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Is It Viable to Sue the IRS?

The Internal Revenue Service (IRS) is a frequent target of lawsuits by disgruntled Americans unhappy with their tax rates, the speed of their tax refunds, or the very concept of paying taxes to the federal government. Some Plaintiffs understand that their lawsuit is an uphill battle while others may have unrealistic expectations about suing a government entity. Below are a few common reasons why some Americans waste time and effort in suing the IRS:

IRS Building SignHow Would I Go About Suing the IRS If I Wanted To?

Lawsuits involving the IRS are heard in a United States Tax Court, an administrative court that hears tax issues. The tax court is a separate entity from the IRS. The court is divided into two branches, small tax cases for amounts of less than $50,000 for a single tax year and regular tax cases for larger amounts. A lawsuit in a tax court is a bench trial, meaning that only a judge will hear the case and there is no right to a jury in tax court. Monthly hearings are typically held year-round in most states.

Taxpayers can sue the IRS, but only for certain purposes. Damages such as emotional distress or punitive damages are prohibited. Additionally, the IRS is granted sovereign protections based on its status as a federal government entity. For instance, you cannot sue the IRS because of tax rates that Congress sets, because the remedy would be to vote for a representative or senator who will promote your preferred tax policies rather than file a lawsuit. Instead, you can sue for technical matters such as collecting a tax refund or as a countersuit if the IRS sues you for back taxes.

IRS Scam Calls

In the last several years, there have been scammers that contact people, typically by phone, claiming to be an IRS agent. The scammer claims that the victim owes the IRS money and they need to pay the agent in order to avoid an audit or prison. The IRS does not contact random people by phone and due process is given to those that the IRS are attempting to collect tax dollars from. The IRS does make an effort to combat these scams, but the IRS itself is not responsible for a scammer’s conduct or if a victim mistakenly pays a scammer.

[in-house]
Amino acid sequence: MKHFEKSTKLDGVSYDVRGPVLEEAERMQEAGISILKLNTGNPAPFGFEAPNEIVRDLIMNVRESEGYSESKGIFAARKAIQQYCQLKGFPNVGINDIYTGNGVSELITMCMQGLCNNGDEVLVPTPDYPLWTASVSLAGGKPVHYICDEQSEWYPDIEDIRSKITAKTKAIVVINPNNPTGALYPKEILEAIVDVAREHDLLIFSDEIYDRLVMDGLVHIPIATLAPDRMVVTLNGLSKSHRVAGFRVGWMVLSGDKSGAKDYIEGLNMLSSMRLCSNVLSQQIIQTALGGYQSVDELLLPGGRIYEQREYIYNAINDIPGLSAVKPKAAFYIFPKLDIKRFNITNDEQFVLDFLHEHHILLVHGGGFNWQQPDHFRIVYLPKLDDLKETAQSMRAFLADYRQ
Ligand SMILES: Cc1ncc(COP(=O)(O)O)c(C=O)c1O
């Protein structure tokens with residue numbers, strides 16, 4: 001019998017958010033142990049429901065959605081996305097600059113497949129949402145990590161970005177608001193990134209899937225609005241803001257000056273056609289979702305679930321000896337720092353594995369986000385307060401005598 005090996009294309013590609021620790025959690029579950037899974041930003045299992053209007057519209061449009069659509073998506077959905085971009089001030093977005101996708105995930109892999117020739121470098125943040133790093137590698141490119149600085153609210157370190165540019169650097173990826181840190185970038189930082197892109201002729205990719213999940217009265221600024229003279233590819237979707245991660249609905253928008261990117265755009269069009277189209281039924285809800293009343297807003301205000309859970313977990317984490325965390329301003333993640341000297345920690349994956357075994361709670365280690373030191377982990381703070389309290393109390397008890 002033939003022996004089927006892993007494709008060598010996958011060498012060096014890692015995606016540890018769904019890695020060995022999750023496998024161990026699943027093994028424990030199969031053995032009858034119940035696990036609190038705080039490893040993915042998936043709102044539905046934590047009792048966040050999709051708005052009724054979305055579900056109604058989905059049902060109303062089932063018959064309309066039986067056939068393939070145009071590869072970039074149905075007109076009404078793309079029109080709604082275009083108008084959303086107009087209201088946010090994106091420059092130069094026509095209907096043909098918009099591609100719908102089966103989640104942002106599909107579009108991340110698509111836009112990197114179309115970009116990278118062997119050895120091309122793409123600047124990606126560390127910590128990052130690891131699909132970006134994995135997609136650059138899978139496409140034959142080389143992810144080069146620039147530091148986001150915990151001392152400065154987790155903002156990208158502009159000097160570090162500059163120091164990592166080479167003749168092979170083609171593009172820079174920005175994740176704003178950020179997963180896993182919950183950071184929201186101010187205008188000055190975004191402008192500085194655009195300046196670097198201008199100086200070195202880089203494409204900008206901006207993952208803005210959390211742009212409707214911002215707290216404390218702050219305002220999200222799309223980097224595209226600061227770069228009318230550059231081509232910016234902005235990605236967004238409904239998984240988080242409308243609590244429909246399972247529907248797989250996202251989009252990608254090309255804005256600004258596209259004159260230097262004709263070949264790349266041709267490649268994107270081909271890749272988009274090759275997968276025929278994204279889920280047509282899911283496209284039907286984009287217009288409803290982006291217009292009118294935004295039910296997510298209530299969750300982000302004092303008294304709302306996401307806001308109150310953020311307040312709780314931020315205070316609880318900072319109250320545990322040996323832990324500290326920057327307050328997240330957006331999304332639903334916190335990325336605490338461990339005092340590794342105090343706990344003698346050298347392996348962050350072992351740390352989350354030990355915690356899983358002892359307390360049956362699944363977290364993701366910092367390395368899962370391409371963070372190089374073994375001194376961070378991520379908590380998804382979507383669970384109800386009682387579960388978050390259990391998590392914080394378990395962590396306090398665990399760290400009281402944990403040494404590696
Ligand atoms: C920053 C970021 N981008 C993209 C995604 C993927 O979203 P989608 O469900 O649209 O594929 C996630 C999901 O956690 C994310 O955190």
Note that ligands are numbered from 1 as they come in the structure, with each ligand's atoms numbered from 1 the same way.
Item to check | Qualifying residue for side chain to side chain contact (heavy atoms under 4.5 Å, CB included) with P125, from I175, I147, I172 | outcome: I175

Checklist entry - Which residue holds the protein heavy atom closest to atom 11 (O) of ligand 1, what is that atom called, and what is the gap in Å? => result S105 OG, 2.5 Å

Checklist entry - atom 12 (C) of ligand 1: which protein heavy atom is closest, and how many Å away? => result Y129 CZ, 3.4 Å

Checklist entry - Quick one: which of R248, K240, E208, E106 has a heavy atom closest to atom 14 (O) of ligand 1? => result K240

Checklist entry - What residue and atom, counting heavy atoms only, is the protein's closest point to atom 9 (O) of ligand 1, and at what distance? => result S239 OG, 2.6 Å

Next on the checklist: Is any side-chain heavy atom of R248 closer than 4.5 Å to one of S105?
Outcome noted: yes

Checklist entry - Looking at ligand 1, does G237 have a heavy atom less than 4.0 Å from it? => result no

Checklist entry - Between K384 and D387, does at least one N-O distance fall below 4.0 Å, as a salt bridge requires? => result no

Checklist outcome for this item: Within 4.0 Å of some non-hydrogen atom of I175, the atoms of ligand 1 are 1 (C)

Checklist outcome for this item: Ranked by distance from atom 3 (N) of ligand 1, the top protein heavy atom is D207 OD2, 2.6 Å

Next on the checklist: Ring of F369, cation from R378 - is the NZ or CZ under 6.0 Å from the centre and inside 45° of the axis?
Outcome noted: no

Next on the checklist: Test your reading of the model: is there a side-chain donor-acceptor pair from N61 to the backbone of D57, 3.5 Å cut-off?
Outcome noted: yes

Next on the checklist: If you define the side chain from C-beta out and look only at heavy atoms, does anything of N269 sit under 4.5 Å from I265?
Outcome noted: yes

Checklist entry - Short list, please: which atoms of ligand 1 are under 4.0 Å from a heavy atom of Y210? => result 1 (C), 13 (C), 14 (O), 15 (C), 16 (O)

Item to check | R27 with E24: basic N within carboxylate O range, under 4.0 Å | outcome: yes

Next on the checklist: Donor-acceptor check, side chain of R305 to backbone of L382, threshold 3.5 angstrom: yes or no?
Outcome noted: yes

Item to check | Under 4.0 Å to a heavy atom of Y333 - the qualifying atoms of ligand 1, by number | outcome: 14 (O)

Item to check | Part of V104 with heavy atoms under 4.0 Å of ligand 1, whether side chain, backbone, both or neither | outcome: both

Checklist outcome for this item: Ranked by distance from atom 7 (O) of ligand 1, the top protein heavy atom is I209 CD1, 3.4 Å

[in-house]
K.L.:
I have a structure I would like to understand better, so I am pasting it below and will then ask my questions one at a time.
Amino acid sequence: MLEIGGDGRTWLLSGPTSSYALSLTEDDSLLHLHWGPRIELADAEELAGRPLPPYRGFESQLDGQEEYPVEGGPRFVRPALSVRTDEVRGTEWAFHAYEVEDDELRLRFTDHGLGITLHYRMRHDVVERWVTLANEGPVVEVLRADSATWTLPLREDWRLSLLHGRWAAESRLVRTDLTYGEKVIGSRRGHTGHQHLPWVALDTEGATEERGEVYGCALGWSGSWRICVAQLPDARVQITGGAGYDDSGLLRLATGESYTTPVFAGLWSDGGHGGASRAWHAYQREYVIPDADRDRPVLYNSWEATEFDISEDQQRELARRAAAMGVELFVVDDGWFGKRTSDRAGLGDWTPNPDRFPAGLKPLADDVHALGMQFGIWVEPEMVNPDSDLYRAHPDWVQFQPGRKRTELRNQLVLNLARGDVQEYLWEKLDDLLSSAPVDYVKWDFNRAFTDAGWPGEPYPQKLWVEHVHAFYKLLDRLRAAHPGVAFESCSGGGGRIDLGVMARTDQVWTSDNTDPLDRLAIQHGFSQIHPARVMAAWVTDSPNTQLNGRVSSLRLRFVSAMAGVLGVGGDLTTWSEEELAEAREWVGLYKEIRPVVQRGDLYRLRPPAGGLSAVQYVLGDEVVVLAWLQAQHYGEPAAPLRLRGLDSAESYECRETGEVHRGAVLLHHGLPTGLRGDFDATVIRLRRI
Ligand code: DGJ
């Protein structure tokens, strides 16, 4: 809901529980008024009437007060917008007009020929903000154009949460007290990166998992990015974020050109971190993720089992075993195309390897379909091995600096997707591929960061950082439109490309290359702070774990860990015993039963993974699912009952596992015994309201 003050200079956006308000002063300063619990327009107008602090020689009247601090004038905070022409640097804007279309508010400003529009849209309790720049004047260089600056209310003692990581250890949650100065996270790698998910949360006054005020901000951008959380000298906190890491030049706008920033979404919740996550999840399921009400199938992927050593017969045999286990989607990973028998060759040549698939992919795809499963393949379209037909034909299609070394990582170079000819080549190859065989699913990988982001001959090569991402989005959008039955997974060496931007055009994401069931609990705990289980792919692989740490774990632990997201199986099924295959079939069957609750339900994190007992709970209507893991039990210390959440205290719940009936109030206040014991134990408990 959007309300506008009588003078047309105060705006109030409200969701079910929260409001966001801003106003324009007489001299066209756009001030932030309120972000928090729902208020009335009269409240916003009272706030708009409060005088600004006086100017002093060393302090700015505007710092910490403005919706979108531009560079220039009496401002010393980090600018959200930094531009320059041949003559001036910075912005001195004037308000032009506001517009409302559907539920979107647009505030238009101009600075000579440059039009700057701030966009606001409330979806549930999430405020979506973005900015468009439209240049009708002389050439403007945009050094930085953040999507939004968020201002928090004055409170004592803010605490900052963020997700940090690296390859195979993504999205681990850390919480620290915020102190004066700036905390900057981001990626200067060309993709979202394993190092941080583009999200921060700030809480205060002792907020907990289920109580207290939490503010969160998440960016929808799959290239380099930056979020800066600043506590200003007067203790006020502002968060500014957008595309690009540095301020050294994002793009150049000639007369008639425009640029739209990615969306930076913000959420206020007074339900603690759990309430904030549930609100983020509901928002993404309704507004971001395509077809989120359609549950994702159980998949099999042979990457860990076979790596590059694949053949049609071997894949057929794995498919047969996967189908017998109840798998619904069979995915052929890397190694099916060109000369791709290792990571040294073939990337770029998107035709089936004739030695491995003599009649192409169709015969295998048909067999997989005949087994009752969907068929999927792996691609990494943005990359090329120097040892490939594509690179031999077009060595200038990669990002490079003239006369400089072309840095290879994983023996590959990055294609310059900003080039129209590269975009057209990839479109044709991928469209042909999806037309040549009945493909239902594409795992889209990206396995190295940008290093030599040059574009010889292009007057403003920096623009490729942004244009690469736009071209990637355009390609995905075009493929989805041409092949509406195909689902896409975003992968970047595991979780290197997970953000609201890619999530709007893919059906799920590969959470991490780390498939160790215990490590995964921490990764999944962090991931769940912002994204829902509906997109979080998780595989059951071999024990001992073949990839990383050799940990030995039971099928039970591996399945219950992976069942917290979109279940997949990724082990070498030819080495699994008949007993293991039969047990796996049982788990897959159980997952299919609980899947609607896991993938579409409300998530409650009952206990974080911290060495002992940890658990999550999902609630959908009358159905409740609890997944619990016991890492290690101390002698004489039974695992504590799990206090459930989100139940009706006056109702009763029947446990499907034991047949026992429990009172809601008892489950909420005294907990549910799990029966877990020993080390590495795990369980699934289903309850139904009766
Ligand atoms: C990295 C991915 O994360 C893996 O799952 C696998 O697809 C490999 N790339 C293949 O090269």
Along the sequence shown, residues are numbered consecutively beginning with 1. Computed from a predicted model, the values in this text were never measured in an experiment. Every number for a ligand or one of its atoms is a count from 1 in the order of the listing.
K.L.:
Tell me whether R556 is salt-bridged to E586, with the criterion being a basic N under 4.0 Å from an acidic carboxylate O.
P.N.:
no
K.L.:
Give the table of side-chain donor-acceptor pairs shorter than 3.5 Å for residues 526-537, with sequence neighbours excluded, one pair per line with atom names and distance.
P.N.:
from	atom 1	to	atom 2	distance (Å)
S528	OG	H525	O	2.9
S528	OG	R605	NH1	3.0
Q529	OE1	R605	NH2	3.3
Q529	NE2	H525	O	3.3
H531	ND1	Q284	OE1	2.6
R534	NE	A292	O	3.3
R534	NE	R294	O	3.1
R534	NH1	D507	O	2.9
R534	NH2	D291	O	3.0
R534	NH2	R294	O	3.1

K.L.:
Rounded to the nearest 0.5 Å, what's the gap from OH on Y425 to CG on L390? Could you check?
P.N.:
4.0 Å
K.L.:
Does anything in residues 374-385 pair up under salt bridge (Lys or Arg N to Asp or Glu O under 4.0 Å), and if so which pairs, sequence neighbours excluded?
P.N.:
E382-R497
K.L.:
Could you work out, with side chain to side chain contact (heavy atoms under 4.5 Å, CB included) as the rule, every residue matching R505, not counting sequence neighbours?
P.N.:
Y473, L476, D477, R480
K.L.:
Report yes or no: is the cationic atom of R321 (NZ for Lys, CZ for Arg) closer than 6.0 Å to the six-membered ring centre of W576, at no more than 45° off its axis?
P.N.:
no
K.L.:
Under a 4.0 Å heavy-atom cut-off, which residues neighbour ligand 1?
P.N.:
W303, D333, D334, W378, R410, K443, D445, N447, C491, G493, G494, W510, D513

Sovereign Citizenship Is Not a Valid Basis to Sue the IRS

Sovereign citizenship is a fringe theory that people are not subject to any laws, rulings, or statutes unless a citizen consents to them. Sovereign citizenship is most often asserted with regards to taxation as a form of illegitimate theft. However, sovereign citizenship has never succeeded in a court of law.

Moreover, the logic behind sovereign citizenship is incompatible with the civil system necessary to file a lawsuit in the first place. A judicial court can only hear a case if it has jurisdiction over the subject matter and the parties to the action. If a sovereign citizen does not recognize the court’s jurisdiction, then he or she shouldn’t be filing lawsuit in that court in the first place. Conversely, a sovereign citizen who doesn’t recognize a court’s authority will not recognize a court’s rulings, even though the risk of an adverse ruling is fundamental to accepting jurisdiction.

Do I Need a Tax Attorney to Sue the IRS?

If the IRS has started its collection process or is demanding payment to satisfy your tax debts, you should contact a tax lawyer immediately. Tax law can be very complicated and a skilled tax attorney will be able necessary to assess your debts, communicate with the IRS, and present your case to the tax court.


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